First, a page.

Ministers accused of ‘abusing’ policing strike law

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THE Government is abusing a law that stops police from striking by forcing them to swallow “bitter medicine”, the Police Federation has claimed.

More than 30,000 off-duty officers took to the streets of London yesterday to march against 20 per cent budget cuts, including 700 from West Yorkshire Police, nearly 300 from South Yorkshire, 210 from Humberside and 200 from North Yorkshire.

The event was organised by the Police Federation, which represents rank and file officers, and West Yorkshire Chairman Andrew Tempest-Mitchell slammed what he claimed was the Government’s abuse of the law.

“It is illegal for us to strike and police officers believe that the Government is abusing the very fact that they cannot take direct action,” he said. “They think that we will just swallow the medicine that they have prescribed no matter how bitter it is.

“Police officers are not prepared to sit back and do nothing, that is why they have taken leave today for this march which has taken over London.

“This march will hopefully make the Government sit up and think about the impact their cuts are having.”

Around 16,000 of the officers donned black baseball caps with the words “Cuts are criminal” to represent the number the Federation say will be lost in England and Wales.

Federation chairman Paul McKeever told them: “We care very deeply about the communities that we serve. We have seen what happens when we have a Government that has given policing a very low priority.

“If you are cutting our jobs, then you are cutting the service we can deliver and the public’s safety is at risk.”

The officers began marching from Millbank at around noon in a protest to show “the unprecedented attack on policing by this Government and the consequences that these cuts will have for public safety”.

The last time police took to the streets, then-home secretary Jacqui Smith was blamed for a high-profile pay dispute in January 2008 and was ridiculed at the federation’s conference.

Home Secretary Theresa May, who asked former rail regulator Tom Winsor to carry out the most wide-ranging review of police pay and conditions in 30 years, will address the officers at their annual conference in Bournemouth next week.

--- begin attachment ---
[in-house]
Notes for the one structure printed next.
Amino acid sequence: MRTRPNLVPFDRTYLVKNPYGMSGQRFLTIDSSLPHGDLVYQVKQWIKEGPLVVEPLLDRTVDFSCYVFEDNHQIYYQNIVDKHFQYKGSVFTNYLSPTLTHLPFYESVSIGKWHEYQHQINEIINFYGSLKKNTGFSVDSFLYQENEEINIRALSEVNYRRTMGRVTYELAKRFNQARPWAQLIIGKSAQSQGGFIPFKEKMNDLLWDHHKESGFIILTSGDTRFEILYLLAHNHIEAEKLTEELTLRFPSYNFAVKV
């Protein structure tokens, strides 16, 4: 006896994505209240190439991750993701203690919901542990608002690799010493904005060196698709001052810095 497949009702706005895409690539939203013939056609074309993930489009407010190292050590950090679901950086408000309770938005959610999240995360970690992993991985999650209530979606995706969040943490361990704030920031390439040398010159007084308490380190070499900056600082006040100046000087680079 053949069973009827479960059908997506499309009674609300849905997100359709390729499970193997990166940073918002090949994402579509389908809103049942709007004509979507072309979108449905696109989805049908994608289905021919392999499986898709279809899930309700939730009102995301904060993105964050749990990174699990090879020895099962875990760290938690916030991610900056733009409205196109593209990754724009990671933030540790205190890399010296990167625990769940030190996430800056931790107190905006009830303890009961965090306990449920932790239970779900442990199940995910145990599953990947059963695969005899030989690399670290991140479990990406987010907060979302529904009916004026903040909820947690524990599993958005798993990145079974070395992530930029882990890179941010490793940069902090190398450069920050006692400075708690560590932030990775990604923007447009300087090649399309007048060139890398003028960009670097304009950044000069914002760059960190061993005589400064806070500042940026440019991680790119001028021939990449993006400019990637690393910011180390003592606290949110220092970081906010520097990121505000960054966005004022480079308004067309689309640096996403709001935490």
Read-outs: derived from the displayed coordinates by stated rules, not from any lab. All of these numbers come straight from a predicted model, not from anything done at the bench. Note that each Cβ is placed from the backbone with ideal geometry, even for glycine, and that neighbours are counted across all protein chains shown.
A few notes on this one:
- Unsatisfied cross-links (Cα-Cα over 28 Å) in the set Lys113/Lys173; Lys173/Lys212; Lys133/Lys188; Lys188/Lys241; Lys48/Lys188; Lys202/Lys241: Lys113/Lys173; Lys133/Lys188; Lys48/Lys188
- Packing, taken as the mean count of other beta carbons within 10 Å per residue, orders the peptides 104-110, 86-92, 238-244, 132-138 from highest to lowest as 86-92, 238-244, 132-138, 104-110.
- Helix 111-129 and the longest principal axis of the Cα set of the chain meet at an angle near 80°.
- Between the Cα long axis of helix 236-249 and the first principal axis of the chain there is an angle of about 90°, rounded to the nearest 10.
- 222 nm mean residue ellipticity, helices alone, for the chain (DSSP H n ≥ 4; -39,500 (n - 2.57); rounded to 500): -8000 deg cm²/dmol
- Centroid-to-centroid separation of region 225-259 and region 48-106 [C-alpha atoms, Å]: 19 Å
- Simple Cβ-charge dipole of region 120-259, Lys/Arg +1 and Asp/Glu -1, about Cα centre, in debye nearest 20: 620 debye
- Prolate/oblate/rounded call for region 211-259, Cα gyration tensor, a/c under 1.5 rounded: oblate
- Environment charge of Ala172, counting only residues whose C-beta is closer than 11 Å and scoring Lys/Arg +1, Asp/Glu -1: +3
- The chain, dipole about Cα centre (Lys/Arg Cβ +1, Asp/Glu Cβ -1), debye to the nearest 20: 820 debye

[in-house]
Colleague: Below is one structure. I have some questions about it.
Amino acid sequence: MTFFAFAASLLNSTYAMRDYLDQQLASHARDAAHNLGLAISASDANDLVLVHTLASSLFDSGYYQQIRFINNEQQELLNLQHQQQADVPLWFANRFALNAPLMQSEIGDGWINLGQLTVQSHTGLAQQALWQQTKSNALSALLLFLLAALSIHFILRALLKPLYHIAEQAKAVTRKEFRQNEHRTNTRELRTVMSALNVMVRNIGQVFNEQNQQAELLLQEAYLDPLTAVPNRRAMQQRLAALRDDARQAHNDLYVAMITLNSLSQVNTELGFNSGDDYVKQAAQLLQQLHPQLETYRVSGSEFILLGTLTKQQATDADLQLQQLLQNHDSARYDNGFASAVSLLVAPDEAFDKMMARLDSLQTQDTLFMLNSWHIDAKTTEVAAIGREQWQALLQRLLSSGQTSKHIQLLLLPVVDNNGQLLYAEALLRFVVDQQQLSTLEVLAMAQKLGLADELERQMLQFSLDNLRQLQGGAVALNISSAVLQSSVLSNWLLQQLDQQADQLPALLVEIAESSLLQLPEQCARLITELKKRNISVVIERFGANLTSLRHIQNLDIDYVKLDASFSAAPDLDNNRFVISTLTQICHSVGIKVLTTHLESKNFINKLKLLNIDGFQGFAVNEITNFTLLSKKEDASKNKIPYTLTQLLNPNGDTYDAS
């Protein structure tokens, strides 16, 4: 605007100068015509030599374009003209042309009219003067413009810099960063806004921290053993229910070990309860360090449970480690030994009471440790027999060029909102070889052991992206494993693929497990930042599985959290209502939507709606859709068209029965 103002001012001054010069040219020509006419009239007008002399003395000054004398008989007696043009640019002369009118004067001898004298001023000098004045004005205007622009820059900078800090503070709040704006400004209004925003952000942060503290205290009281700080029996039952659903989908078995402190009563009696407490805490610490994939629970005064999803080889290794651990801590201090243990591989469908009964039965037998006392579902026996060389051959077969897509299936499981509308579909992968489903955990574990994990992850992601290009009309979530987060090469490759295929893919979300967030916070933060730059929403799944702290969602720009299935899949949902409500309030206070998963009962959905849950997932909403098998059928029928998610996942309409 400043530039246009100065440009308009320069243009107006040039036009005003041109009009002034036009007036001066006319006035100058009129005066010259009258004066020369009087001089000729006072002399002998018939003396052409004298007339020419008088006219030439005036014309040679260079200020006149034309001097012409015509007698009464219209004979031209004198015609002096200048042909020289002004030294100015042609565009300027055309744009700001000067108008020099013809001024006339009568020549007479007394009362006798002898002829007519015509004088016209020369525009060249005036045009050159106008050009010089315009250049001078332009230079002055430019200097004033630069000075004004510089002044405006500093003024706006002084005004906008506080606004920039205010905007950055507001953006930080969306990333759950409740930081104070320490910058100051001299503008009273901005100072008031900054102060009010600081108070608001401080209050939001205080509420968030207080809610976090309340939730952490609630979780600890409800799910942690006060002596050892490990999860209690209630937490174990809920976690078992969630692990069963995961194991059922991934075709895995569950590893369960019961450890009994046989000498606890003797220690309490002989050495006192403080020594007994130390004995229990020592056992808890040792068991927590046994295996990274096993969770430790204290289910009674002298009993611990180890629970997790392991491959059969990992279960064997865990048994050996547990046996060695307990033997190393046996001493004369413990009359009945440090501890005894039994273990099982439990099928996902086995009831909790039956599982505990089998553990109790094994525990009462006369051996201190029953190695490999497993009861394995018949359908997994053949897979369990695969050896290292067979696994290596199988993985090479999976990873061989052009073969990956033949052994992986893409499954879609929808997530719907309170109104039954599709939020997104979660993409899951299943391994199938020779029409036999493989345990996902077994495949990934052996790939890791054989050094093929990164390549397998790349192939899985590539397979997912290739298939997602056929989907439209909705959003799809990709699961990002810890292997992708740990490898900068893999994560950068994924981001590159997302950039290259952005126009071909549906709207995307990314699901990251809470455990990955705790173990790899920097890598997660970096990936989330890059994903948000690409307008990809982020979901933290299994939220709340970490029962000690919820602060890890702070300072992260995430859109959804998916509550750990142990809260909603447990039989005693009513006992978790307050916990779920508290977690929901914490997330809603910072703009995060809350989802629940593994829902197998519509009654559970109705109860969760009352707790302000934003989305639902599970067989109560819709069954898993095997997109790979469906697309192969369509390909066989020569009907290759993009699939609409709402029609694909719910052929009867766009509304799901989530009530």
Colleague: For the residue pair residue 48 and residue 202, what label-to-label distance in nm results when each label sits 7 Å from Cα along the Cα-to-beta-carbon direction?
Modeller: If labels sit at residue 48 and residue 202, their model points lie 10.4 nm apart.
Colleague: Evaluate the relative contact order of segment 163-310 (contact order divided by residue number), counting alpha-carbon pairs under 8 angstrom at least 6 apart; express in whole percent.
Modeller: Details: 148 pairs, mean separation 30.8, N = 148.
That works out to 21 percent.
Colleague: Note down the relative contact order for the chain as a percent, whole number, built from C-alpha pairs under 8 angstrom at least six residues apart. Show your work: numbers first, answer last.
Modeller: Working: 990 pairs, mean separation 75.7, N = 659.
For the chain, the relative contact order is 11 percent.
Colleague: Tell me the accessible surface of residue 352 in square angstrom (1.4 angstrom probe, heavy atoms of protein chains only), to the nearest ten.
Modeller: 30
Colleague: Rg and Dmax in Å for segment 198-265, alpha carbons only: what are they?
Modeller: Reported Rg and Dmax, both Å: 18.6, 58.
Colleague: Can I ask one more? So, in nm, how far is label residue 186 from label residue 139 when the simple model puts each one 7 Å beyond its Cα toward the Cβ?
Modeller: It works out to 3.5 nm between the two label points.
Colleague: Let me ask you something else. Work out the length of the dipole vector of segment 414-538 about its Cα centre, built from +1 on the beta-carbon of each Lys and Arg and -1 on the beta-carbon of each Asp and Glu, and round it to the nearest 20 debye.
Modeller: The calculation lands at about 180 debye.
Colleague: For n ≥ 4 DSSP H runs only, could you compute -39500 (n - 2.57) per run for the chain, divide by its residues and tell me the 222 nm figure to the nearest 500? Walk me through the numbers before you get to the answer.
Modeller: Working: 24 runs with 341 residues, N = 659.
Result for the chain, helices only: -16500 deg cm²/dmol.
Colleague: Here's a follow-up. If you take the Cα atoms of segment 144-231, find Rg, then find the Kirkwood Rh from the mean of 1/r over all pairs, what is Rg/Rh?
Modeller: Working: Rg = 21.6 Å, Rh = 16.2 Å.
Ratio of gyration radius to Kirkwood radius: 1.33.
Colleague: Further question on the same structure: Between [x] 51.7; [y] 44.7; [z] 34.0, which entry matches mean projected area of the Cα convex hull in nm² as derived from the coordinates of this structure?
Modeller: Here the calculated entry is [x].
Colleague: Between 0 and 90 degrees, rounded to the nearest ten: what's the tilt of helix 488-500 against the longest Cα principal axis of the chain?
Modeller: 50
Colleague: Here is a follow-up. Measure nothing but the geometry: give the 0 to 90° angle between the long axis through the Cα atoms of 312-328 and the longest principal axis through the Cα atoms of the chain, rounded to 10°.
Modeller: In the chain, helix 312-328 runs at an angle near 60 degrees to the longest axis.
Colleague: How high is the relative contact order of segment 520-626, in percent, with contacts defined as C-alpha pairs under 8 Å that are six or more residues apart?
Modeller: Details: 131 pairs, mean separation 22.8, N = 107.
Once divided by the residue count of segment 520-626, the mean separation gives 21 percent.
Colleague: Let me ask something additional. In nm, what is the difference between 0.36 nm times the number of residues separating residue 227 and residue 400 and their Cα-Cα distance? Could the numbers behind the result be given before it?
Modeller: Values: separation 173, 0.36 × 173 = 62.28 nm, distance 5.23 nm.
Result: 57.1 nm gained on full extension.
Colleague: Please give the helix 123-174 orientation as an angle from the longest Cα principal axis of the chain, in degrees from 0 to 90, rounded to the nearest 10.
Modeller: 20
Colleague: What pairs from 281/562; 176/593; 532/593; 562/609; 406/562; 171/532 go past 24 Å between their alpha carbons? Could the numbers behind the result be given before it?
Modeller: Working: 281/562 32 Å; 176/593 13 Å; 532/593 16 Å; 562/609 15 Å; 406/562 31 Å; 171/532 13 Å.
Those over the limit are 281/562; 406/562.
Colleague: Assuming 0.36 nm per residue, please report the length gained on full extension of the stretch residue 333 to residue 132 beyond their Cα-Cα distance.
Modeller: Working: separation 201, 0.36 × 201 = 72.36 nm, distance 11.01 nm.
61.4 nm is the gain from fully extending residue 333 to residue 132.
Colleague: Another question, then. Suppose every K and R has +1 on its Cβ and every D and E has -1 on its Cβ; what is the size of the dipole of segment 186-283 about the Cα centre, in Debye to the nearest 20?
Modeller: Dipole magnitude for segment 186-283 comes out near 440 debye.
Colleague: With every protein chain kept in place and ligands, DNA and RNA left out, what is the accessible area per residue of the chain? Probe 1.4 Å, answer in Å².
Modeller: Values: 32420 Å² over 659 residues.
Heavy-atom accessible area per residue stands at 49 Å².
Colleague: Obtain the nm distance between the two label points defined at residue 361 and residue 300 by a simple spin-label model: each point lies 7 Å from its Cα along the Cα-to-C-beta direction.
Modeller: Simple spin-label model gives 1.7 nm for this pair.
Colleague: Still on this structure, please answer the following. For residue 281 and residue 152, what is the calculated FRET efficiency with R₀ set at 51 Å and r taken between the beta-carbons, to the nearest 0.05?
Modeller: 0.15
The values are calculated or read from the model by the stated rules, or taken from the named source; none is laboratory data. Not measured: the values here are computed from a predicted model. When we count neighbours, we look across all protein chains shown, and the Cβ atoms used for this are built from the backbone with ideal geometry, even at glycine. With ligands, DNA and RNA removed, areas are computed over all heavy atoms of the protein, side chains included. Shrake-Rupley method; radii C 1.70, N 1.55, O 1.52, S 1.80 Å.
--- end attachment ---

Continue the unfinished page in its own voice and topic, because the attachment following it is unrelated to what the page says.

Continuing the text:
Policing Minister Nick Herbert wrote an open letter to all officers telling them he and the Home Secretary were “constantly impressed by the work you do for your communities” but insisting that “all organisations have to keep pace with the modern world”.

The Government wants to recognise the professionalism of officers, reduce bureaucracy and ensure officers are rewarded “for the excellent job you do”, he wrote.

He insisted that officers will continue to earn more than other emergency services, continue to take overtime and continue to retire earlier than most people in the public sector while their pensions will also still be among the best available.

The march coincided with 400,000 public sector workers launching a 24-hour UK-wide strike in a dispute with the government over pension changes.

Mark Serwotka, general secretary of the PCS union – which estimates that an “overwhelming majority” of its 250,000 public sector members were on strike – said the cost of pensions was falling as a proportion of GDP.

“We pay more and not a penny goes into anybody’s pension fund,” he said. “In every major public sector scheme – health, education and the civil service – the majority of trade unions have refused to accept these cuts in their pensions. We’re going to have the highest pension age of any western European country.”

The government plans to raise the retirement age in line with the state pension age – eventually to rise to 68.

But Conservative Party chairman Sayeeda Warsi said that workers were being asked “to work a little bit longer and to pay a bit more but they will be guaranteed a pension which is index-linked and inflation proof”.

“I’m disappointed that a handful of unions are striving to carry on with union action which is going to benefit no-one and is going to inconvenience the public,” she said.

Government proposals seek substantially increased employee contributions. As well as increasing the retirement age, the government also proposes that final-salary schemes will eventually go.